These two simple equations are the first step in any analysis of a distillation column. Many other useful relations can be readily derived by selecting portions of the column as a control volume. A very clear discussion of this type of Level I analysis is presented in Chapter 18 of Unit Operations of Chemical Engineering by McCabe et al. (1993).

Level Ⅱ, Conservation of Mass and/or Energy and Assumption of Equilibrium. At this level, transport phenomena are not considered. The analysis of molecular phenomena is simplified by assuming that chemical, thermal, or phase equilibrium is achieved in the control volume of interest. Chemical equilibrium is characterized by Keq, a quantity that can be obtained from tabulated values of the free energy for many reactions. Thermal equilibrium is achieved in devices that exchange heat when all temperatures are the same (for a closed two-volume control system T1∞ = T2∞). The constitutive relationships describing phase equilibria can be complex, but decades of research have produced many useful constitutive relationships for phase equilibria. The simplest for a liquid–liquid system is Nernst’s “Law,” which relates species concentration in one liquid to that in another by a constant called a distribution coefficient. Henry’s “Law” is another simple example relating concentration of a dilute species in a liquid phase to the concentration of the same species in a vapor phase by a single constant. Assuming phase equilibria has proven most valuable in determining the number of theoretical stages to accomplish some stated goal of mass transfer between phases, but does not allow the stage design to be specified. When equilibrium is assumed for reacting systems, the concentrations of product and reactant can be determined but not the volume of the reactor. Almost all situations of interest at Level Ⅱ require only algebraic equations.

In our example of the distillation column, detailed computer procedures that can handle complex equilibrium relations are available to determine the number of theoretical stages. To do so, mass and energy balances need to be derived by first selecting as a control volume an individual stage (tray) in the column. The set of such algebraic equations can become quite complex and requires a computer for solution. Widely used programs to do this are contained in the software package from Aspen Technology (see reference at the end of this chapter). However, even with a numerical solution, such an analysis is not able to specify the tray design or the number of actual trays needed.

Level Ⅲ, Conservation of Mass and/or Energy and Use of Constitutive Relationships. This is the first level at which the rate of transport of mass and energy is considered. Momentum transfer is simplified by assuming simple single-phase fluid motions or no fluid motions within the chosen control volume. It is the level of analysis that is almost always employed for laboratory-scale experiments and is one in which pragmatic equipment design can be achieved. Only two types of limiting fluid motion are considered:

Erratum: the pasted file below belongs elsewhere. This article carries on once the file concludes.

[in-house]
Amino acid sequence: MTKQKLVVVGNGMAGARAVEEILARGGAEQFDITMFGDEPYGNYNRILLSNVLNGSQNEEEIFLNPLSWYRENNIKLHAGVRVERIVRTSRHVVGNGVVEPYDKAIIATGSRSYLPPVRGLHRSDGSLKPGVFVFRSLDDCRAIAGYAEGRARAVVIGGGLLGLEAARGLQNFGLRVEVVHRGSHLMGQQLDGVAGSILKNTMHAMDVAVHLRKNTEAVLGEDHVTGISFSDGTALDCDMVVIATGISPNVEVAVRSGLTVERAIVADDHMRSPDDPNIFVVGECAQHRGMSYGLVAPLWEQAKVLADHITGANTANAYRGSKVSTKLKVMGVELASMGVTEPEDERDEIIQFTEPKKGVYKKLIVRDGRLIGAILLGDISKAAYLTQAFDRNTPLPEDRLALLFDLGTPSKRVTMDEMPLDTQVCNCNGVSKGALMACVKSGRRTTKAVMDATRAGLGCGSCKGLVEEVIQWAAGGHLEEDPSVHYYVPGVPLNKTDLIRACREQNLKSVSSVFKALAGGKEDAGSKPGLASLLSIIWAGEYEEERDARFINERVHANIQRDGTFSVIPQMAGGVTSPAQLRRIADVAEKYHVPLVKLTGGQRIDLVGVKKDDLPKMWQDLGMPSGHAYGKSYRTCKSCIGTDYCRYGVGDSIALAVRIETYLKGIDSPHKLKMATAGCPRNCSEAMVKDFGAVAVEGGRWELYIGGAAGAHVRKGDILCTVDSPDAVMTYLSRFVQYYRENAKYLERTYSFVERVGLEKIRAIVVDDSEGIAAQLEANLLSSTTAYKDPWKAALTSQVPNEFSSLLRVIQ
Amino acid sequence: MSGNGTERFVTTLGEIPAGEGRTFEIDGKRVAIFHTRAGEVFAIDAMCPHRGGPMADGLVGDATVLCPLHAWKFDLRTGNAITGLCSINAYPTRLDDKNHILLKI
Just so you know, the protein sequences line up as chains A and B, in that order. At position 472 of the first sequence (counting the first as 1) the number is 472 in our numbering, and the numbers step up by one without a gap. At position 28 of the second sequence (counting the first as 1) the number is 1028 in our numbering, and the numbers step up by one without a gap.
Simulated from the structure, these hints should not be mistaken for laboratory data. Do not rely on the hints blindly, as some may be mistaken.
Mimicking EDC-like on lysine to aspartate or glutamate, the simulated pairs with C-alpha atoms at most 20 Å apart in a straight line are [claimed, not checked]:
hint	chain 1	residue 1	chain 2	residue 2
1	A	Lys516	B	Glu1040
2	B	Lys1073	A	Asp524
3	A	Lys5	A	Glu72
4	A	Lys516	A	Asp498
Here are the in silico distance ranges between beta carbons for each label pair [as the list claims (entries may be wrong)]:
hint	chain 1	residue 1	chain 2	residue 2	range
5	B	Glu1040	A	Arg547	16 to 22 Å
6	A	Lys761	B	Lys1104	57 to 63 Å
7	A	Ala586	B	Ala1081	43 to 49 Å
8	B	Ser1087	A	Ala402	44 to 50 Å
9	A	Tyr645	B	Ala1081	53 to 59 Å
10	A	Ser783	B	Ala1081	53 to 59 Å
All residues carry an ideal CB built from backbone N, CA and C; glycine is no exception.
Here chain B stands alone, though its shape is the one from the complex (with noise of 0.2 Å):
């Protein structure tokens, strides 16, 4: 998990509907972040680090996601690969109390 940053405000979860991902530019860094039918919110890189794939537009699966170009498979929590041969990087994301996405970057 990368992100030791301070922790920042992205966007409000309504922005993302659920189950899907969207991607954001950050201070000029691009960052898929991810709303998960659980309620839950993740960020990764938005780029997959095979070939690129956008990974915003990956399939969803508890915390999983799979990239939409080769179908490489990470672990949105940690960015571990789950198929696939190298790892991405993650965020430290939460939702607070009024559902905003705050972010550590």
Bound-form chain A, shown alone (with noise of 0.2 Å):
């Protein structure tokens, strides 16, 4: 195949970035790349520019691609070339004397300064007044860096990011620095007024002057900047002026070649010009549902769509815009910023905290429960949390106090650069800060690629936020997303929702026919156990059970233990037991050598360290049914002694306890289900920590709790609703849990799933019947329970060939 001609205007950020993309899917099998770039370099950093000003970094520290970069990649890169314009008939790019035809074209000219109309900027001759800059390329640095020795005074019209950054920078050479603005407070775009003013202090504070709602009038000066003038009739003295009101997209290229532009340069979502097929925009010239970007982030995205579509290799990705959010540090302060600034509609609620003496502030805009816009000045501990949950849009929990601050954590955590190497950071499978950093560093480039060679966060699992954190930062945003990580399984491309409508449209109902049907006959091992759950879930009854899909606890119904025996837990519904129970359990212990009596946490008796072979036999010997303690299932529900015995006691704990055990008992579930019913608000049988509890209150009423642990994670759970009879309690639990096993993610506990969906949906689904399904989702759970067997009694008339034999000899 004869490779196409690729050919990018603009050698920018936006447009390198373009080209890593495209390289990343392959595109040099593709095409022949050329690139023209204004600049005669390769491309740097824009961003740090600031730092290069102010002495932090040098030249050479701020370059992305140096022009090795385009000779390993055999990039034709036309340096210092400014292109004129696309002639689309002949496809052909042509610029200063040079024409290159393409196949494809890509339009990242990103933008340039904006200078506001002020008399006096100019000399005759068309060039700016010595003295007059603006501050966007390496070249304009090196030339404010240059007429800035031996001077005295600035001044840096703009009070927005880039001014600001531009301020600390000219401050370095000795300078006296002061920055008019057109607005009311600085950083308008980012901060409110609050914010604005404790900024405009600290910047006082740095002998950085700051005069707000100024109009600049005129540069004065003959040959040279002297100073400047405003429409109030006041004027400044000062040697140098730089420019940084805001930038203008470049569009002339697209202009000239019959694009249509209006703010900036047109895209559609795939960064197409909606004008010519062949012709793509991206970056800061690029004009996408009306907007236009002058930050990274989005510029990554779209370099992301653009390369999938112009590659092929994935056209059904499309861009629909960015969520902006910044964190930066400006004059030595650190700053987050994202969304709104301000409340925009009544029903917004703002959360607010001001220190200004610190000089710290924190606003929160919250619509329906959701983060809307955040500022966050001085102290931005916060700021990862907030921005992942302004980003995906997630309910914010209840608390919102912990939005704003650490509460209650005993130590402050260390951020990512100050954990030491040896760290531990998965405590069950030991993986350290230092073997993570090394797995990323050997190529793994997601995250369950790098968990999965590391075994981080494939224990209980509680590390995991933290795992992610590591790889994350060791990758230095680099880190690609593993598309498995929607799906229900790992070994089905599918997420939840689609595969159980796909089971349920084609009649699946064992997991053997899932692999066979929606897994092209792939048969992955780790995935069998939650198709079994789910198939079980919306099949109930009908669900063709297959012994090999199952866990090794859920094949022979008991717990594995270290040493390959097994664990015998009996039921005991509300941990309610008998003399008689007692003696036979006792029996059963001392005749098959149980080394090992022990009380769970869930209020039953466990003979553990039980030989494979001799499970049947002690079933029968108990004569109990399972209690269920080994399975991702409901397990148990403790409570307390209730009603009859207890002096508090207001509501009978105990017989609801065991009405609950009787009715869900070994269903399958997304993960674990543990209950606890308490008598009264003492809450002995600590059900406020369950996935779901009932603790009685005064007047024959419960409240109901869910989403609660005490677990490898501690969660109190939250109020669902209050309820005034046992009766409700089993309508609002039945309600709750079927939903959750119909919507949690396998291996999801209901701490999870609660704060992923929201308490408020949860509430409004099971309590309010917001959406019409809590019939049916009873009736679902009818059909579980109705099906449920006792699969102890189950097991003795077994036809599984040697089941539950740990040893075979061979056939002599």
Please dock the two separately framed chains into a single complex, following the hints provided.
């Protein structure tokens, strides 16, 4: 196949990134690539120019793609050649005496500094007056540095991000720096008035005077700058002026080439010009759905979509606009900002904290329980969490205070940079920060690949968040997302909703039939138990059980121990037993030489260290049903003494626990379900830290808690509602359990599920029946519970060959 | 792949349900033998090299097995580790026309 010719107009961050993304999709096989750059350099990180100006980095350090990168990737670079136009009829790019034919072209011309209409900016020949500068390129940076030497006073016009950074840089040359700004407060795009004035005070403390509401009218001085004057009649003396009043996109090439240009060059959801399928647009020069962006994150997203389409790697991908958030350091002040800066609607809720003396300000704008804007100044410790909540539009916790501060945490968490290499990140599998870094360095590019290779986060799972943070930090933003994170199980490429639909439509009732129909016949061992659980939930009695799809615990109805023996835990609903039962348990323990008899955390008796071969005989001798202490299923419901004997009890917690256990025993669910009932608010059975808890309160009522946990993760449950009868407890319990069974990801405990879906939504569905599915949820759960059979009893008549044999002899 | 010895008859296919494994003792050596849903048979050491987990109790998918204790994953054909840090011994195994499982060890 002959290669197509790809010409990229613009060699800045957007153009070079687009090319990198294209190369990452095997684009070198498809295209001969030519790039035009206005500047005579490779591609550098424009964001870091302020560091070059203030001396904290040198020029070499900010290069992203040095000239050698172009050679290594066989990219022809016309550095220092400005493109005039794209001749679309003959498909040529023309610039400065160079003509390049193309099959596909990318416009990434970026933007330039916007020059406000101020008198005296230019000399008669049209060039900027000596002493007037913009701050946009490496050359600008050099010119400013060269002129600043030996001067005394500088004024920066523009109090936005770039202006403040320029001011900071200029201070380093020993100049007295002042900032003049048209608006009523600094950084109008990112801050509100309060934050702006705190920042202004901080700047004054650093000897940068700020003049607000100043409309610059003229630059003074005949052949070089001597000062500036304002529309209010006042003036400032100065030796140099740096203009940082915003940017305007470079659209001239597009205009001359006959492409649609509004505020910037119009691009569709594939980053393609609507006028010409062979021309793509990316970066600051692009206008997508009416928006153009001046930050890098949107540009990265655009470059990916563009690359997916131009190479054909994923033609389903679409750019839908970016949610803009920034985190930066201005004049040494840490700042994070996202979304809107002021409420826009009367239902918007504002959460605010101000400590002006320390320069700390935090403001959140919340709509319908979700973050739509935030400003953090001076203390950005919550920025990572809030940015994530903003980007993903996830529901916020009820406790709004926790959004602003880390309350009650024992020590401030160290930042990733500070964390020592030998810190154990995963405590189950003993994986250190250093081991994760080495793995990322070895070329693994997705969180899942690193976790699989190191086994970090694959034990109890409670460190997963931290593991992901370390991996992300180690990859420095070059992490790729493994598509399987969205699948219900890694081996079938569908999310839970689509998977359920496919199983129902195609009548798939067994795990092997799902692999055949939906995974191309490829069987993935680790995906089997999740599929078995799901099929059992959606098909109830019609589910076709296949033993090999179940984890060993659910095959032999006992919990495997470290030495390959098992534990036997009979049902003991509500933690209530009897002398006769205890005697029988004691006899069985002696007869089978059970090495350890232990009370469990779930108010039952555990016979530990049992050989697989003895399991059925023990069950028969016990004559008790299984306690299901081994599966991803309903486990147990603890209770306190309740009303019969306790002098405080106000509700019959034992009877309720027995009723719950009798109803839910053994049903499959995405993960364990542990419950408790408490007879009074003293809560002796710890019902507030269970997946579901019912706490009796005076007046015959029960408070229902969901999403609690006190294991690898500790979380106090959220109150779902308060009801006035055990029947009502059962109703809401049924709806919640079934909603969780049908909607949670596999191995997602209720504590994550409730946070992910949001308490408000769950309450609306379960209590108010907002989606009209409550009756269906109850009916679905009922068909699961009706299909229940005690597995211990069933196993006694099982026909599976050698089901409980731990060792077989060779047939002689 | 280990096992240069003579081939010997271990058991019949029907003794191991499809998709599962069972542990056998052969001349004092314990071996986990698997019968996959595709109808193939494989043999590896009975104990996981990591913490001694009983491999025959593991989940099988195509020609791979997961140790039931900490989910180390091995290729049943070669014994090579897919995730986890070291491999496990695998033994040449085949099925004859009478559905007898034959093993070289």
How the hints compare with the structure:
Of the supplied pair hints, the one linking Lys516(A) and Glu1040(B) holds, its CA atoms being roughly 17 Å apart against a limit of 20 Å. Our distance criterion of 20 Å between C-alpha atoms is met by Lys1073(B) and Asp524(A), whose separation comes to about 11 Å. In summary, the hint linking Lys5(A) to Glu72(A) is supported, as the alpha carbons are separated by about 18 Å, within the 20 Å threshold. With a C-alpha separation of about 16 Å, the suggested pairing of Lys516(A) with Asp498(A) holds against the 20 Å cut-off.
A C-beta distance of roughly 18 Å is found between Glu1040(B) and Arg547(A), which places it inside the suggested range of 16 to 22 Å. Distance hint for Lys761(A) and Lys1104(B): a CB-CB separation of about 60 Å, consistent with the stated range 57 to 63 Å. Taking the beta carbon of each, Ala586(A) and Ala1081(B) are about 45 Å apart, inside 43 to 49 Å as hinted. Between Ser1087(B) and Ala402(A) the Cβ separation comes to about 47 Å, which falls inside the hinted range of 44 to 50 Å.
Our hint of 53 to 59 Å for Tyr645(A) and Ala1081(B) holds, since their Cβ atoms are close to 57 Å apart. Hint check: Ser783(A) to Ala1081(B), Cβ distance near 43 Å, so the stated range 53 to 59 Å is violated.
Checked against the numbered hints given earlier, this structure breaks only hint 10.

•    well-mixed fluid motion,
•    plug-flow fluid motion.

Well-mixed fluid motion within a control volume is easy to achieve with gases and low-viscosity liquids and almost always occurs in small-scale batch laboratory experimental apparatus. It is also relatively easy to achieve in pilot- or commercial-scale equipment. A very complete analysis of mixing and mixing equipment is presented in the Handbook of Industrial Mixing (Paul et al., 2004). By “well mixed,” we mean that one can assume there is no spatial variation in the measured variable within the control volume. This is easy to visualize with a batch system because we are not introducing any fluid into the vessel as the process takes place. However, there is a conceptual and sometimes a pragmatic difficulty when one considers a semibatch (sometimes referred to as a fed-batch) in which one fluid is introduced to the system over the time the process is taking place or a continuous-flow system in which fluids both enter and leave the vessel. The well-mixed assumption requires that any fluid introduced immediately reach the average property of the bulk fluid in the vessel. Of course, this is not exactly what occurs in a real system. Close to the point of introduction, the fluid in the vessel will have properties that are some intermediate value between that of the bulk fluid and that of the incoming fluid. In the majority of situations this will not materially affect the model equation behavior that is developed with the well-mixed assumption. There are a few cases with either chemical or biochemical reactors in which special attention must be paid to the fluid introduction. These are discussed in Chapters 2, 4, and 7. The well-mixed assumption also requires that any fluid leaving the vessel have the same properties as those of the well-mixed fluid in the vessel. This is almost always the case in well-designed vessels.